HAILEY, Idaho — During his years as executive vice president of the Idaho Cattle Association, Wyatt Prescott was often on the ranchers’ side of grazing-related battles with conservation groups.
“The science wasn’t there to support either side of it,” Prescott said.
Now — as cattle manager at a unique research ranch owned by the Nature Conservancy and Wood River Land Trust — Prescott collaborates with environmentalists to find answers to challenges that have too often triggered conflicts over public lands.
The ranch, which includes 10,400 acres of private land and 11,000 acres of Idaho Department of Lands and Bureau of Land Management leases, has been grazed since it was homesteaded. A developer purchased the private portion in the 1980s, planning to build homes, but sold the development rights through a USDA land-preservation program.
The conservation groups bought the ranch planning to turn it over to the Idaho Department of Fish and Game. Those plans fell through, so they signed a memorandum of understanding allowing University of Idaho’s College of Agricultural and Life Sciences and College of Natural Resources to use the property for rangeland research, complementing work done at UI’s pasture-based research facility in Salmon.
“Idaho has so much of this type of rangeland, and we need to figure out how to best meet the needs of all of the different users on this rangeland landscape,” said Cameron Packer, who works for the owners as the ranch’s stewardship coordinator. “We want to improve habitat, conserve the rangelands for future use and increase their overall sustainability.”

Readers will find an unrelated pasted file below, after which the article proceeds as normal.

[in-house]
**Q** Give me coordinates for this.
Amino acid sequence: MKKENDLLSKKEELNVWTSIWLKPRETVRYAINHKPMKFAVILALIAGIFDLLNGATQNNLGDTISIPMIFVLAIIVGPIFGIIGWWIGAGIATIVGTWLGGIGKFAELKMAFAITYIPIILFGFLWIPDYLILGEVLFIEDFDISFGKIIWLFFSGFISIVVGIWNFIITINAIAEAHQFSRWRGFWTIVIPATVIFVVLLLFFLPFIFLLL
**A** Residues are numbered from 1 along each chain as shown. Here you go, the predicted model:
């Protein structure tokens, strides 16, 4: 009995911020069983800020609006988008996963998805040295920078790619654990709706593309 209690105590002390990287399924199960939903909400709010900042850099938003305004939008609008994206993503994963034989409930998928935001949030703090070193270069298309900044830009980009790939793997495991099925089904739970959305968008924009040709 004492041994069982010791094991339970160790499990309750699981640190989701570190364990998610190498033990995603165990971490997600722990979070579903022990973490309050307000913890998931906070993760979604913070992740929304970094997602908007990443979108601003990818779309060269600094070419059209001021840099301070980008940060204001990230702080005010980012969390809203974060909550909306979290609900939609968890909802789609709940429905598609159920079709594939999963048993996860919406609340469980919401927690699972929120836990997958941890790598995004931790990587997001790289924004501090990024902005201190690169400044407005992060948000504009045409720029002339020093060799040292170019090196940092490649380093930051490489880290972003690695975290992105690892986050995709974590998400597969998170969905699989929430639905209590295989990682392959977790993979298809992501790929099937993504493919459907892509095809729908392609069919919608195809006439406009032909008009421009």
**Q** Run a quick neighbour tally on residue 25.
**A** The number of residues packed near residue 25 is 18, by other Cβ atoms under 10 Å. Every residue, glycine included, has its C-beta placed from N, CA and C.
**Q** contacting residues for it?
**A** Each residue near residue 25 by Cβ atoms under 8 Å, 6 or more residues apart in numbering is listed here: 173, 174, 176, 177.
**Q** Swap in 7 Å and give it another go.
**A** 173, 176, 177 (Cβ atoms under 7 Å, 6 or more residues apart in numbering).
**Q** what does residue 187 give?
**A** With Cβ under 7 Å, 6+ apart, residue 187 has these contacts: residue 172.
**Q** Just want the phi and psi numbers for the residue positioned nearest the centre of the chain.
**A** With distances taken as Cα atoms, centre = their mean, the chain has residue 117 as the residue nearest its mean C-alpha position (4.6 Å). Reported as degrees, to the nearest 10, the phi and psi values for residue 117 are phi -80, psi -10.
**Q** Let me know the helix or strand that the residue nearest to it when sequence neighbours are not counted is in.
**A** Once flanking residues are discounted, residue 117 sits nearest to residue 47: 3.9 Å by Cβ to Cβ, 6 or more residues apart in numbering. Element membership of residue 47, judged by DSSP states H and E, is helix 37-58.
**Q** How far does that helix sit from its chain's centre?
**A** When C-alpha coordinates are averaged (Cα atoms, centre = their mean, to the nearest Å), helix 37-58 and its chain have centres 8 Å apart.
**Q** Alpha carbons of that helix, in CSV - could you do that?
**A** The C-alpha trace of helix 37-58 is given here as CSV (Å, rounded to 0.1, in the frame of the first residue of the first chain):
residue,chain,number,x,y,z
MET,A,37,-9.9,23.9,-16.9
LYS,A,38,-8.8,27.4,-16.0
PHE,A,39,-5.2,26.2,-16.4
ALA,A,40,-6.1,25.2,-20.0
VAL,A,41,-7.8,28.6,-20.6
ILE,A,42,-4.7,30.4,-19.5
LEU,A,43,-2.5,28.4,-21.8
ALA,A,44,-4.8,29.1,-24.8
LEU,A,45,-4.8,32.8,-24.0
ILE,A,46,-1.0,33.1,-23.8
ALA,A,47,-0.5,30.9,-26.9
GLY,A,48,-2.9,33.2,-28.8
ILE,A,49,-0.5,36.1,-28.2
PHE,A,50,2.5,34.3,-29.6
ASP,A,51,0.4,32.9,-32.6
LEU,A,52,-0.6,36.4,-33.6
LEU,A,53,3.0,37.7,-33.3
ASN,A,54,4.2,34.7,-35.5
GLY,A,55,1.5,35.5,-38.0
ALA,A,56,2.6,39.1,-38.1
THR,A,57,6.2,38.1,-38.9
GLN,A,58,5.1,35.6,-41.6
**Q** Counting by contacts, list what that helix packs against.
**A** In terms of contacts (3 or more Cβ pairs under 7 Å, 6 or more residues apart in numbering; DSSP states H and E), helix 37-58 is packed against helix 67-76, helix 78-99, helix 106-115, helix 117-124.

Research at the ranch commenced in May 2016. UI will compare the well-being of 150 cow-calf pairs raised on the rangeland with the same number of pairs raised on pasture in Salmon.
Prescott, who works on a contract with UI, said research from the initial season suggests cattle that disperse farther away from riparian meadows and graze the hillsides tend to gain more weight. Prescott explained the finding is important because the ranch hopes to select for both cattle that convert feed to weight efficiently and avoid overgrazing environmentally sensitive meadows.
Another study starting this summer will analyze the impacts of six different grazing densities on plants of importance to sage grouse. Prescott suspects grazing will prevent forage from going to seed and keep meadows green longer.
“Through using grazing as a tool, we can improve sage grouse habitat — not just coexist, but improve it,” Prescott said.
Prescott has also leased outside cattle to graze the ranch in the spring and fall, hoping to see if livestock will disperse from sensitive riparian areas in cooler weather. Next season, he’ll test if increased spring and fall grazing densities are feasible to offset the cost of moving cattle for summer.
Partners in the ranch anticipate it will be used for research by institutions around the world. For example, Prescott said the ranch intends to partner with an Australian company seeking to develop a “virtual” fence, involving cows fitted with shock collars linked to a global positioning system.
The partners also started work last fall to restore Rock Creek, which runs through the ranch, to a more natural state. Prescott said a steering committee of ranchers and environmentalists will be formed to guide research priorities.
Mike McKenna, community outreach coordinator for the land trust, said the ranch will also be an asset for the broader community. A plan governing recreational uses of the ranch is in the works, and a series of monthly ecology lectures, featuring UI staff, started in May and will continue through September. Also, FFA hosted a regional rangeland health assessment competition last fall at the ranch.